Koori culture celebrated at Save the Children’s Mooroopna Kindergarten

Koori culture celebrated at Save the Children’s Mooroopna Kindergarten

by Freya Lucas

August 06, 2021

Koori Engagement Workers Liz Cleary and Naomi Charles recently shared a reflection about their roles within Save the Children’s Mooroopna Kindergarten, offering perspectives on the importance of demonstrating leadership to the younger generation through being proud of their culture and recognising the importance of learning about culture.

 

Ms Cleary, a proud Noongar woman, and Ms Charles, a proud Yorta Yorta woman spoke about the importance of sharing culture with children from a young age, outlining a recent excursion they took with three and four year olds from the service, to the Bangerang Cultural Centre – Australia’s first Aboriginal Museum in nearby Shepparton.

 

The children learnt from Clinton, the Cultural Centre facilitator, who spoke about the artefacts displayed, explaining what they were used for. Clinton also played the didgeridoo for the children, leading them to get up and engage with the music played.

 

The excursion was part of a broader initiative by the service to support the existing Aboriginal culture embedded in the Kindergarten’s curriculum, which dovetails with a broader initiative to share the learning and growth within the service with Koori children attending other kindergartens.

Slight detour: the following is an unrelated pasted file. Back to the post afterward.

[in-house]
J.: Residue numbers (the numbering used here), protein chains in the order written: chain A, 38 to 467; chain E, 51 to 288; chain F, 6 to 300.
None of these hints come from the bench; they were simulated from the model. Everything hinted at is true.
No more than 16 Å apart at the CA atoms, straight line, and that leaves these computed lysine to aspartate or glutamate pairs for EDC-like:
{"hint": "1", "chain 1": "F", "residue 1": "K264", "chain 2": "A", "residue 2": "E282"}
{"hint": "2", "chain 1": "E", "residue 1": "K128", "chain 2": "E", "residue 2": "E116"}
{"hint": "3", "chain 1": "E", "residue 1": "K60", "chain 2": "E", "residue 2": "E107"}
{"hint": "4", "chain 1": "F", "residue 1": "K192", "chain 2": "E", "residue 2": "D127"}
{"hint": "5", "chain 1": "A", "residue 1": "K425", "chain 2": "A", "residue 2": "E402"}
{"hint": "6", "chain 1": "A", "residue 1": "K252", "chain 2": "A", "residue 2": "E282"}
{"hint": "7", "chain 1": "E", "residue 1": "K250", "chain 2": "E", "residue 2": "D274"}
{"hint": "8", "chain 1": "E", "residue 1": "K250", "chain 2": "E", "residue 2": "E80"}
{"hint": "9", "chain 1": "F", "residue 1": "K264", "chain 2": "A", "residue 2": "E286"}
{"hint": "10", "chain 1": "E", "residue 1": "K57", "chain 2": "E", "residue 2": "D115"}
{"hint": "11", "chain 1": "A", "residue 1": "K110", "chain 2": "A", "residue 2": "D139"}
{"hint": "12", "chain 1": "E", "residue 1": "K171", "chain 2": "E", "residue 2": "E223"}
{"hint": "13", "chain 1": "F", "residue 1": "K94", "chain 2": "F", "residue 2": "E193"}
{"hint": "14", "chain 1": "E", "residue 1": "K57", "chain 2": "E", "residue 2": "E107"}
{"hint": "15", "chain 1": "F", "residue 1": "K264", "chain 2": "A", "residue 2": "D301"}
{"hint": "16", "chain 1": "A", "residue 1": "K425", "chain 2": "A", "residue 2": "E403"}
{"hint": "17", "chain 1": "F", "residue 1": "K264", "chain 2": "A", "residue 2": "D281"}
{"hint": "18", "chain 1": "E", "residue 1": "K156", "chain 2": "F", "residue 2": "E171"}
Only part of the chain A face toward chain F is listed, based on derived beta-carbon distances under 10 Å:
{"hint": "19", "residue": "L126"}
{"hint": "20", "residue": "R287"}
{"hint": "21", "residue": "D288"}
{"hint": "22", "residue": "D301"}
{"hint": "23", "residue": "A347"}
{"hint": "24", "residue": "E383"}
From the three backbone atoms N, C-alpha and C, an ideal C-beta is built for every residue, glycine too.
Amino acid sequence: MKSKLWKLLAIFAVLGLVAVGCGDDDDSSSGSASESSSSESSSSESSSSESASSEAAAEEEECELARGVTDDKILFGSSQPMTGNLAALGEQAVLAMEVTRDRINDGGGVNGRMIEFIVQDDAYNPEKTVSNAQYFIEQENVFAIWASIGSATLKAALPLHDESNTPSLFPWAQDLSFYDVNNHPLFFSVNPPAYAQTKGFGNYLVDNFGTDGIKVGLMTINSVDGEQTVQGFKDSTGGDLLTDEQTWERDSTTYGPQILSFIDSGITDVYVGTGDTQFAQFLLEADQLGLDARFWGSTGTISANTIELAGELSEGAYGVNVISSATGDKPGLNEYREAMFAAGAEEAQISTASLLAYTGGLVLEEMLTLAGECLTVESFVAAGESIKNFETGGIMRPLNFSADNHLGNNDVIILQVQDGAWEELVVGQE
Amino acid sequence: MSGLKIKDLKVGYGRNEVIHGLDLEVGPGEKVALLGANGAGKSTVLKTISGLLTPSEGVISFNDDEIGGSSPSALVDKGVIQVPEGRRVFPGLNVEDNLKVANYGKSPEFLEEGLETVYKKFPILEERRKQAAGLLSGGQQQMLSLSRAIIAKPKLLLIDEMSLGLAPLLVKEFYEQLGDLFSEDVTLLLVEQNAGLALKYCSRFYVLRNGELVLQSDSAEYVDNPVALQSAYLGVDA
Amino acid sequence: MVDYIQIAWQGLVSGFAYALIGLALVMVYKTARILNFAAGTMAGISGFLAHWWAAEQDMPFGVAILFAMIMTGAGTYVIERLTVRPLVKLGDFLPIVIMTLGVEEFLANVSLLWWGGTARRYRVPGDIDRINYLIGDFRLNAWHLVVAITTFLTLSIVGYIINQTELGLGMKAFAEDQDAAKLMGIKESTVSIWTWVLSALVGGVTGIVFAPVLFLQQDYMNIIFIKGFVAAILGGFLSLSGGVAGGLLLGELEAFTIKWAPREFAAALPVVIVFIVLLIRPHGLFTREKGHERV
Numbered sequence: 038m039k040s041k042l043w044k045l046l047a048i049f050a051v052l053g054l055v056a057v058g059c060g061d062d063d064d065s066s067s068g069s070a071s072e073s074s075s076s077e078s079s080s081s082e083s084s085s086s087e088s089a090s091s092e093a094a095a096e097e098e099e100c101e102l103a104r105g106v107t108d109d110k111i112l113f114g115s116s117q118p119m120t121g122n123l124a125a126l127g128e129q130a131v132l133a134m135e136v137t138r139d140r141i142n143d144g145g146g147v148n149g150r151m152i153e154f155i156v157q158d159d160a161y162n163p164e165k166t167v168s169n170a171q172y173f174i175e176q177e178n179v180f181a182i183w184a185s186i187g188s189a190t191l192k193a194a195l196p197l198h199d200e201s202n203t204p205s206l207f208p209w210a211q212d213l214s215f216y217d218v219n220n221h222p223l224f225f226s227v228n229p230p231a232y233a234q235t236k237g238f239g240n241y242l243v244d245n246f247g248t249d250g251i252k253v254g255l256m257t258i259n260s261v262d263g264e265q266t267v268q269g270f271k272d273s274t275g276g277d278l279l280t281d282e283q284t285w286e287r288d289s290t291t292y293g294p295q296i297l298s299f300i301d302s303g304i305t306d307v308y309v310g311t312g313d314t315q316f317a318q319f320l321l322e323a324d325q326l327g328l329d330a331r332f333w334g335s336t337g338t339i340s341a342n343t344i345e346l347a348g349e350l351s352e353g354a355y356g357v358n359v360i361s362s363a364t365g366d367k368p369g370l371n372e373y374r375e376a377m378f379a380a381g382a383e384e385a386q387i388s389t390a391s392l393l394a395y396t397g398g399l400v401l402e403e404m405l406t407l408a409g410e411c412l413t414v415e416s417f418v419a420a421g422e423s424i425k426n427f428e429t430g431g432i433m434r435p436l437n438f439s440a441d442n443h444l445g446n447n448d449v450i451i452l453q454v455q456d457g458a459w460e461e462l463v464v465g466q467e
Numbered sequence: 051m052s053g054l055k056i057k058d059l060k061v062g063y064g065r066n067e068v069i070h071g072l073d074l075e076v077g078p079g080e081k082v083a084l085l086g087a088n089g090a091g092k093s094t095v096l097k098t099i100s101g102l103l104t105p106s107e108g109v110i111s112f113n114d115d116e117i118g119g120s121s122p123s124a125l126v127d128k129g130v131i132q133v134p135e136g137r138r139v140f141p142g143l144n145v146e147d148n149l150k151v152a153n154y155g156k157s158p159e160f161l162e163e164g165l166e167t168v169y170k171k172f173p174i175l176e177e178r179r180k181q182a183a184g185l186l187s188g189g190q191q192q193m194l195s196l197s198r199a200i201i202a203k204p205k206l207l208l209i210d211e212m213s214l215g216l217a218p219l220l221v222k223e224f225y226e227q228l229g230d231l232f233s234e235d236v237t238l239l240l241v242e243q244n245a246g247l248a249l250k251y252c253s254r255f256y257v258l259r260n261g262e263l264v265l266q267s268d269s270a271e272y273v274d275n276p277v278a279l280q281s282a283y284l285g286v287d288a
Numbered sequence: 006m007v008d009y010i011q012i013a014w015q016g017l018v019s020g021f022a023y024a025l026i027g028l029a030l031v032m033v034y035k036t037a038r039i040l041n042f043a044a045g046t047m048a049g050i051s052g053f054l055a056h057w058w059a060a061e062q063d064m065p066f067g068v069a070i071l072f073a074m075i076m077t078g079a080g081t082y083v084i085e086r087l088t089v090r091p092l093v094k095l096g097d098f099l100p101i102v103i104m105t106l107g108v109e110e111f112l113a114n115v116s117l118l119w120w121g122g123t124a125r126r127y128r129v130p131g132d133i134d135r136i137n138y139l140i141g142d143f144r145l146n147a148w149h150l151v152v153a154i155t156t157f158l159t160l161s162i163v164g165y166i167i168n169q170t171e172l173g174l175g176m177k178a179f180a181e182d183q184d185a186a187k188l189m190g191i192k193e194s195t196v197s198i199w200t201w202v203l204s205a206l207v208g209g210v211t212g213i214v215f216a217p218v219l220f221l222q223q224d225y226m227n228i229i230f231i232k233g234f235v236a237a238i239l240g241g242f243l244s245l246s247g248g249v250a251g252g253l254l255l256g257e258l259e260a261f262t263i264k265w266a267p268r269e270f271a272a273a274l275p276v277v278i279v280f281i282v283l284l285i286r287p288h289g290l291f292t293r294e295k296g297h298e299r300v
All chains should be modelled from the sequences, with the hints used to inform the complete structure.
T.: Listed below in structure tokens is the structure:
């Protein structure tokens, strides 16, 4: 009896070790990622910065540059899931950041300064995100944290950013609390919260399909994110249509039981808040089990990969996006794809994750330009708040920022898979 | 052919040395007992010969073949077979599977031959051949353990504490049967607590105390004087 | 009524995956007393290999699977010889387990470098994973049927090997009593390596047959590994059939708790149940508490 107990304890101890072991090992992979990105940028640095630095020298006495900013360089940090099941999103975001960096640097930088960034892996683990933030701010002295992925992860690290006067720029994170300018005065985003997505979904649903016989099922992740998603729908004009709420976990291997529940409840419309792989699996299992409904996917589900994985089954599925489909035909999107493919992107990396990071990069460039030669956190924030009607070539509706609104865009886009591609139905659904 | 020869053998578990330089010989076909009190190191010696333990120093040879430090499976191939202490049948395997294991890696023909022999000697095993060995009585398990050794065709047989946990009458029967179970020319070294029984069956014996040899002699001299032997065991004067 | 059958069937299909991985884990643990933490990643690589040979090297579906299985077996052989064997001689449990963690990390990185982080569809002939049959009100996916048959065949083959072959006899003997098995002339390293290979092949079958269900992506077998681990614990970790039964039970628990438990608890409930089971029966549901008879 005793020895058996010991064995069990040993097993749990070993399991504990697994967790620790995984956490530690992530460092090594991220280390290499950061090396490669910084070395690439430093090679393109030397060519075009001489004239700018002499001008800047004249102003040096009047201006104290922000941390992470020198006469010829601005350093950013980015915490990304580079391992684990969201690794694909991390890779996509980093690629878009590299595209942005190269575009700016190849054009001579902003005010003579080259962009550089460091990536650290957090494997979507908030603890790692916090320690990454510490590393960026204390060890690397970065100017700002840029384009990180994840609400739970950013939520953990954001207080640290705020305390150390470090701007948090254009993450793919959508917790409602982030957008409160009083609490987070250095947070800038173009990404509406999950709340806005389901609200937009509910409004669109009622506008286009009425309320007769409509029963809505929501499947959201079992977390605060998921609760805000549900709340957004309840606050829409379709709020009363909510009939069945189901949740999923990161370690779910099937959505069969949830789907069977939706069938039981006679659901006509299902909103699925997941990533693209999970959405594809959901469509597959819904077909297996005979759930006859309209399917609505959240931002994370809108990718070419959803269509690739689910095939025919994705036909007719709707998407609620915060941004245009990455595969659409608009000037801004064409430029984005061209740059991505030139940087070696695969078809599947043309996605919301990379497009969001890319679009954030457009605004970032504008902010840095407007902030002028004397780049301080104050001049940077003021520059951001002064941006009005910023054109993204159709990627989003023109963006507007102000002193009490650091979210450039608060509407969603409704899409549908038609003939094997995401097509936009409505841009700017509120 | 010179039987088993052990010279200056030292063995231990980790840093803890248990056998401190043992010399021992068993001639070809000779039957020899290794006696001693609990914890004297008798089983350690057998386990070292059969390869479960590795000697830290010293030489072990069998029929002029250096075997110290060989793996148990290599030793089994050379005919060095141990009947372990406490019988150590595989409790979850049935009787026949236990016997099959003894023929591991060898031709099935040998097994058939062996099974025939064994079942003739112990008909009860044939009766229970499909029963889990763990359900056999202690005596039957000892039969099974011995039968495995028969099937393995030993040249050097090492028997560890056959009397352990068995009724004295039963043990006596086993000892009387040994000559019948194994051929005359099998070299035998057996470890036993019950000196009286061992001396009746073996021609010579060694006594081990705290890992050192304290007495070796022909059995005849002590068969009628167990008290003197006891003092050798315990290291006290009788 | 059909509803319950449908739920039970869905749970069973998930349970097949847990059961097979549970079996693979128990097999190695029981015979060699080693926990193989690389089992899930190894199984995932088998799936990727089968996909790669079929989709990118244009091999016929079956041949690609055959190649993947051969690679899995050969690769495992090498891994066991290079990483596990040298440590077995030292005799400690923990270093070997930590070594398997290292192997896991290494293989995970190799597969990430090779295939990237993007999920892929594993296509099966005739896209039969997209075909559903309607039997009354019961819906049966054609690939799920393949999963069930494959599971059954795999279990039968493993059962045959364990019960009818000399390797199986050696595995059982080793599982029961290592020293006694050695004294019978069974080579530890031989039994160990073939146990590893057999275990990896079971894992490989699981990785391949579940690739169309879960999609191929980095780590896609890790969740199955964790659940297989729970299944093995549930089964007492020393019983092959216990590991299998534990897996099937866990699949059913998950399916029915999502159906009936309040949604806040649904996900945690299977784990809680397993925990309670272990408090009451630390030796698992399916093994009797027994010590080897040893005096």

Both Ms Charles and Ms Cleary believe they have “a real chance to connect with the children, help them engage further in their cultural education and get them school-ready.”

 

“Our role is to get the children and families engaged with the kindergarten program and get them engaged in other early childhood programs, like our HIPPY program and other playgroups. We help them work through any barriers around attendance,” Ms Cleary explained.

 

The role also involves working with all the children in the service, regardless of their background, to learn more deeply about Aboriginal culture, a role both engagement workers cherish. 

 

“We know a lot of the older kids that used to go there, still feel that connection with the kindergarten and will still come in and say hello to the kindergarten staff. We love hearing those stories,” Ms Charles added.  

 

To learn more about Save the Children’s Mooroopna Kindergarten please see here

PRINT